So, the last few days I’ve felt a deep desire to play Defying Gravity from Wicked. Every day I have played the song, letting it wash over me. I love the stage show. LOVE it. When I saw it in London a fair few years ago, it stirred something deep within my psyche. Something resonated; something shifted.
I came home from that trip to Europe and started my journey to have a baby.
Six years later I have said goodbye to that journey and find myself listening, every morning, to Defying Gravity.
And today I worked out why.
It is my life’s theme song; permission to walk against the crowd, permission to live my life my way, permission to not follow the normal stages.
And it has freed me.
This morning something has shifted. An acceptance that I’m okay just as I am. That we all are. That whatever path we are on, accepted by society or not, is okay, because it is our path.
As long as we’re happy …
I hope you are.
This afternoon, in my head, I went from being the best teacher in the world to the worst in forty minutes. At least when I do something, it’s a full commitment with no half measures.
I love teaching Year 7. I love being their introduction to high school English. I love being their favourite teacher. And after my lesson with my new Year 7 class today I was in love and feeling infallible.
I carried that feeling all through break.
And then I had my Year 12 class.
And my high disappeared. Replaced with deep frustration and no answers. Too many of them do not know their stuff and are reluctant (uninspired) to change that.
I stayed frustrated. My colleagues felt just as frustrated. I had afternoon tea with a friend and then went for a necessary massage (my back bore the stress and stopped working).
During one of the best massages of my life, I reflected. Why did I feel so frustrated?
Yes, I care about my kids and their results. But there was more to it. And yes, you’re right. Their lack of engagement, I feel, is a reflection of my inability to inspire them. And that connects to my feelings of vulnerability – maybe I’m a sham and these kids have worked it out. And when my identity is closely associated with being a great teacher, where does that leave me?
Yep, self centered and self serving.
But, I do need to inspire them and frustration does not help me to achieve that. Frustration makes me want to quit, want to be disengaged. And I don’t want that.
I need to find the key to unlock the potential in my beautiful kids.
I did something today that I found more difficult than I thought it would be. I decided to set boundaries/expectations with my wonderful and accommodating staff in our faculty time using Brene Brown’s adapted model. Basically, you state what is okay and what is not okay.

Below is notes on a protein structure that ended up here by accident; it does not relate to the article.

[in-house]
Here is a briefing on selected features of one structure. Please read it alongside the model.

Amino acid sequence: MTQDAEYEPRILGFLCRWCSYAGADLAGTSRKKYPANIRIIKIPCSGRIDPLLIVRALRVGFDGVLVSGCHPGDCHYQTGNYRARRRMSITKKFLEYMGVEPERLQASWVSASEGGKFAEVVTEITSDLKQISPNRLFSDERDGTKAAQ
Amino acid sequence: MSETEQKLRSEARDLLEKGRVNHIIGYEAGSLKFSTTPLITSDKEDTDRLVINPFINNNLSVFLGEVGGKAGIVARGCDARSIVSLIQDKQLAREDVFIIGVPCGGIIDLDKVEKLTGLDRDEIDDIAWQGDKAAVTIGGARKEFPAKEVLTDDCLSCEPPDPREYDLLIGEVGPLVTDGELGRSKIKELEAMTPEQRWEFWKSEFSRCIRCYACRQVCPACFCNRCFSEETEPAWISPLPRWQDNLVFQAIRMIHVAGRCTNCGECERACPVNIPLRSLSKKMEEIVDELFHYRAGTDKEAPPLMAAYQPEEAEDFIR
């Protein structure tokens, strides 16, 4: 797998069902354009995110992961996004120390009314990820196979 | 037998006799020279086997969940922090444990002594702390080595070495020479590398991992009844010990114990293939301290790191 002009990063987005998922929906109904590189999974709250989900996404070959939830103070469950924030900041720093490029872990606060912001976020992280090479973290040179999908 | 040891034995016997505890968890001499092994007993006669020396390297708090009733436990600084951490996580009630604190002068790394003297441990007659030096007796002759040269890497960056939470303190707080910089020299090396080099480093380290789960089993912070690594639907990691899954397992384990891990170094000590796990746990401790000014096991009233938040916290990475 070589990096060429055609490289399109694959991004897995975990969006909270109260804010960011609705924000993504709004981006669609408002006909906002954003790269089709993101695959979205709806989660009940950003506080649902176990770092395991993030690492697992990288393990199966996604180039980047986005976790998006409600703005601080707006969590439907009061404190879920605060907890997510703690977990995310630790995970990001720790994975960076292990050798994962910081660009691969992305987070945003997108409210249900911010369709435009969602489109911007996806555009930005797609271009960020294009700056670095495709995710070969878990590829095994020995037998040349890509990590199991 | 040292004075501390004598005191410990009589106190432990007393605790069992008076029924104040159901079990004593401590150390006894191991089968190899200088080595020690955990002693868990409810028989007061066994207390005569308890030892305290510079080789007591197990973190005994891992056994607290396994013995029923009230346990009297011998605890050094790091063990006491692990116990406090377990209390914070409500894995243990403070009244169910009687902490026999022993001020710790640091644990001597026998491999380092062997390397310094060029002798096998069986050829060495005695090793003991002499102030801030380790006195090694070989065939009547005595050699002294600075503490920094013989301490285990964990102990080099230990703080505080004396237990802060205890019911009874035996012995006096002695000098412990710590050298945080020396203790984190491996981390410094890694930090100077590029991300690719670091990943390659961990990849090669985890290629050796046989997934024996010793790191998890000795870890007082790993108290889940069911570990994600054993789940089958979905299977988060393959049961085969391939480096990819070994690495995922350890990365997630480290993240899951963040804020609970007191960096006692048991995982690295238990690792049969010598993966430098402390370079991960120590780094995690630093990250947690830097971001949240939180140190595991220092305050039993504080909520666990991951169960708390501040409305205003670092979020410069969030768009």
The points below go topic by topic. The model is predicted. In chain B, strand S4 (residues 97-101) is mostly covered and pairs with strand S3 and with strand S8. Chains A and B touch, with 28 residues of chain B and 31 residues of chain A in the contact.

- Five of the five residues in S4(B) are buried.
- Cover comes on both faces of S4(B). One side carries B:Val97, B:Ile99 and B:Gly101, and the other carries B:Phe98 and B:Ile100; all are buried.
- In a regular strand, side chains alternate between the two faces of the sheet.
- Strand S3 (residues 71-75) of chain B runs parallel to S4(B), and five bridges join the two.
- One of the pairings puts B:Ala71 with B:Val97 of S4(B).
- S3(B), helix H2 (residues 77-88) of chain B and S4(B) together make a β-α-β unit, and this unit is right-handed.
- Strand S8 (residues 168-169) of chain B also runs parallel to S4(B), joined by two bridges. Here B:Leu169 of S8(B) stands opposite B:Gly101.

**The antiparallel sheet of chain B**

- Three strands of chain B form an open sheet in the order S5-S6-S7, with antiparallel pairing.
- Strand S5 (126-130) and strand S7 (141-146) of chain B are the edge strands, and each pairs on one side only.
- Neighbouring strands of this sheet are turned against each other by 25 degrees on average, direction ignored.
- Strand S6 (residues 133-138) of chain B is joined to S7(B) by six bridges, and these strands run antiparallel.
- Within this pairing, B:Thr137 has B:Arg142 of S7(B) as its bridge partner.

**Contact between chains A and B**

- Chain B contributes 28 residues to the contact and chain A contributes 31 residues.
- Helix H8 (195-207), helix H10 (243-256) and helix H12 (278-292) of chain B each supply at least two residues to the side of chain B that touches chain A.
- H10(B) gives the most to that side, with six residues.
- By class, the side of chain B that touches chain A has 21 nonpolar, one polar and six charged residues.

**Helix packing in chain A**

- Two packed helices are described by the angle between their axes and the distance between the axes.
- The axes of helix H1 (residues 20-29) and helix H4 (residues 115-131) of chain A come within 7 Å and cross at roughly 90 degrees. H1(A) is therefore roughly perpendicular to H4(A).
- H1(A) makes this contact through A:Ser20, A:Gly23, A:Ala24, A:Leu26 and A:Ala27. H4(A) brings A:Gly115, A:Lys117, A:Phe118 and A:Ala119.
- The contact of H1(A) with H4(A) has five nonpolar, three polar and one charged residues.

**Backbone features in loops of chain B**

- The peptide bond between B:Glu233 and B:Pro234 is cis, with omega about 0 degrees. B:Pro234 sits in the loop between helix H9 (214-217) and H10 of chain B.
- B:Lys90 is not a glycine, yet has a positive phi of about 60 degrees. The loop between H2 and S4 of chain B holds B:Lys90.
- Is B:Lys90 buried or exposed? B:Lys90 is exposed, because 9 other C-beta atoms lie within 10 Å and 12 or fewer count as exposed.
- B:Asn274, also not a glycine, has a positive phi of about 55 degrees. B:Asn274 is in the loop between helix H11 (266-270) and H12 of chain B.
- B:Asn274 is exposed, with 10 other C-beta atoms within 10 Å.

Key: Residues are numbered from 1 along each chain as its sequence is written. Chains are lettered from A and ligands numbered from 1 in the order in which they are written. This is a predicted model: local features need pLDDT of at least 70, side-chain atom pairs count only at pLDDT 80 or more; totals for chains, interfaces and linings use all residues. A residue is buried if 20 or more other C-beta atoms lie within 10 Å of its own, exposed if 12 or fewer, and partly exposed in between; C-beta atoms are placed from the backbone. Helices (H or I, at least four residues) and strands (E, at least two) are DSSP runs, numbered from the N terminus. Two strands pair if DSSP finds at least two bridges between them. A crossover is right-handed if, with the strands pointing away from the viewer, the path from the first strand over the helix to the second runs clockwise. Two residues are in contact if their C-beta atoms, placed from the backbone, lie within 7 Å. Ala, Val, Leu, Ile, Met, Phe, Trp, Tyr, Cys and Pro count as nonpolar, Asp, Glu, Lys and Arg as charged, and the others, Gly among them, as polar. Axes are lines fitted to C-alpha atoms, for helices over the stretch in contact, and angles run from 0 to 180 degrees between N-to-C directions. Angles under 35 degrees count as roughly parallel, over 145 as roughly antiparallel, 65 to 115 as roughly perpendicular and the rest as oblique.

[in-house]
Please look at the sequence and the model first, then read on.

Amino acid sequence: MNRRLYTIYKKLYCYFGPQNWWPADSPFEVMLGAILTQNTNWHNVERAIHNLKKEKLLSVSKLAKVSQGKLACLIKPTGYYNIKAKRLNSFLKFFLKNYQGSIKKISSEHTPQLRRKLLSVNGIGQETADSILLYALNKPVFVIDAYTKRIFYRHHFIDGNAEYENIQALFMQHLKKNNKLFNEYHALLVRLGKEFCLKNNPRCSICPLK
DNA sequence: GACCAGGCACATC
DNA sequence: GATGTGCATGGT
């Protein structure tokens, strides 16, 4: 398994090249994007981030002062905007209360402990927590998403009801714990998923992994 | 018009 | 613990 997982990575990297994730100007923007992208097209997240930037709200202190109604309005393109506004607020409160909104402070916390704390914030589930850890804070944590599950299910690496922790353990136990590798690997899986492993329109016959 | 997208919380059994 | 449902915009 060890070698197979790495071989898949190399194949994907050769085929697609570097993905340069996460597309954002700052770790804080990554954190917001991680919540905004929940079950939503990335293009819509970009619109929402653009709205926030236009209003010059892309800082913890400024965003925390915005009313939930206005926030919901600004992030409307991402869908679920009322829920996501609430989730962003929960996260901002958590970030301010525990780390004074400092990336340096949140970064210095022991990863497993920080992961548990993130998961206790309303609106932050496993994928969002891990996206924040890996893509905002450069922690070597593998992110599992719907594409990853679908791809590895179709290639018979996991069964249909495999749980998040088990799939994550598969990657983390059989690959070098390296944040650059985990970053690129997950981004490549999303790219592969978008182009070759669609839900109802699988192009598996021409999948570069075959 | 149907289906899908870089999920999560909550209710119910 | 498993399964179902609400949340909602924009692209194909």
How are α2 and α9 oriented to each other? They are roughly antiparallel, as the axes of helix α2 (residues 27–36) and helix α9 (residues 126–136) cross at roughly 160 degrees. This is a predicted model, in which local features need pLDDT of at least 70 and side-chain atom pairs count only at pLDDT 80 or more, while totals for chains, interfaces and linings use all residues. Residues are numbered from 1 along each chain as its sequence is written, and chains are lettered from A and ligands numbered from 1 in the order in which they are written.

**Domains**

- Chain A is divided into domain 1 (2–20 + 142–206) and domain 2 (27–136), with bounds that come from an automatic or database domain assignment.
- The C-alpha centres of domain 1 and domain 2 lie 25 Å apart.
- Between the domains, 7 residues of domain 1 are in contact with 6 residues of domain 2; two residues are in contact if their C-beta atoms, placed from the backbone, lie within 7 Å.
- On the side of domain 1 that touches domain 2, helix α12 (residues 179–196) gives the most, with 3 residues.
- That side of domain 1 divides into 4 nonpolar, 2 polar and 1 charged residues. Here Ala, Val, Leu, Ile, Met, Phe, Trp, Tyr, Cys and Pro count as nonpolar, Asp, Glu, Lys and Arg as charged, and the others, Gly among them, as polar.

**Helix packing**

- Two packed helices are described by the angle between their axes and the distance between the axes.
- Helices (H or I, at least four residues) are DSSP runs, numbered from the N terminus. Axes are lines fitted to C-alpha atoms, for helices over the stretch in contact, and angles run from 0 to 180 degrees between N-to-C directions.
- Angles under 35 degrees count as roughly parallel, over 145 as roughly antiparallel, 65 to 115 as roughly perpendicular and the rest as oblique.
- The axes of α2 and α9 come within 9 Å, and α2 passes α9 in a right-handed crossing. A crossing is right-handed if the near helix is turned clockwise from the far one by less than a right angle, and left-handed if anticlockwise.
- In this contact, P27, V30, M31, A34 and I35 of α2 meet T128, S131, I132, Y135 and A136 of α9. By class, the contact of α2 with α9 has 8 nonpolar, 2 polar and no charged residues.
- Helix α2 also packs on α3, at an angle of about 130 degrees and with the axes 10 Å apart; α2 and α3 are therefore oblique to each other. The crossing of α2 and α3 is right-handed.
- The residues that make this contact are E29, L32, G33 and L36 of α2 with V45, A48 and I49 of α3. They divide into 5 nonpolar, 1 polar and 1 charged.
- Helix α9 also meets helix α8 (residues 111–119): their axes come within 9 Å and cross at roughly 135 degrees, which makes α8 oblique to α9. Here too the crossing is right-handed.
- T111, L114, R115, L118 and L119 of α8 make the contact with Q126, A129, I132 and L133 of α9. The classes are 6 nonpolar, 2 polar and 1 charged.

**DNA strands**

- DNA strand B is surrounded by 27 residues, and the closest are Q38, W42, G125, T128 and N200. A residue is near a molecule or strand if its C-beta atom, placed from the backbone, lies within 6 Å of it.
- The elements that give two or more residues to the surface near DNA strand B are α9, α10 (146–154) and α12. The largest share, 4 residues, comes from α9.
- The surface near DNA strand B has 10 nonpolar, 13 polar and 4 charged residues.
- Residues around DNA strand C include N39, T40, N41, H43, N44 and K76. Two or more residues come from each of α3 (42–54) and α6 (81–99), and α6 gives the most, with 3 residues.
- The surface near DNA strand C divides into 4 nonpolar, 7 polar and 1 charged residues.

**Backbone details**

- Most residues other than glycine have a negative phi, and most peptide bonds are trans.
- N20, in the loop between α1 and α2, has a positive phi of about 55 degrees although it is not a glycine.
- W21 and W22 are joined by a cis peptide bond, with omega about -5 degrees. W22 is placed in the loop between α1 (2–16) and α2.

I was so nervous. I’m usually very happy to share my truths with others yet today I felt the full force of vulnerability. Writing is easier than speaking it to a live audience.
And as uncomfortable as I was, I enjoyed the discomfort because I enjoyed the authenticity. I enjoyed bearing my inner most fears and the knowledge that I’m on a journey to discover who I am.
As a leader it’s like we should always be in control. And I generally am. But I think that has forced me into playing the role rather than integrating the role into my authentic soul. I was so intent last year on getting my work done that I think I misplaced some of the authenticity of Tina in the process. This year I’m working to integrate the Tina with the leader and hope to become stronger as a result.
It will be an interesting process, and I am very grateful that I work with people who are willing to indulge my sometimes unorthodox methods and experiments.
So, I have contacted the fostering agency and let them know that I am postponing the application/assessment process for six months to discover who I am. They have acknowledged this and informed me of the process if I decide to continue in six months.
I had an amazing time away. I loved seeing different parts of New Zealand, and it reinforced for me how much more I love natural environments than city environments (NYC being the exception).
We were having lunch one of the Sunday’s and there was a pod of dolphins playing behind the ship, swimming, chasing and diving. You can’t buy that sort of beauty. What incredible creatures my totem animal are. And I was blessed to see them like this, in their natural state, twice. Amazing.
And the trip reinforced how much I love travelling. And how whole I feel as a traveller, explorer, searcher. I love the peace that I find within me. A calm that I don’t often experience in my real life, working life. I love having the contrast in my life.
And I didn’t yearn for children. My fur family was at home, safe, being cared for by others. And that is enough. I loved coming home to them and missed them whilst I was away.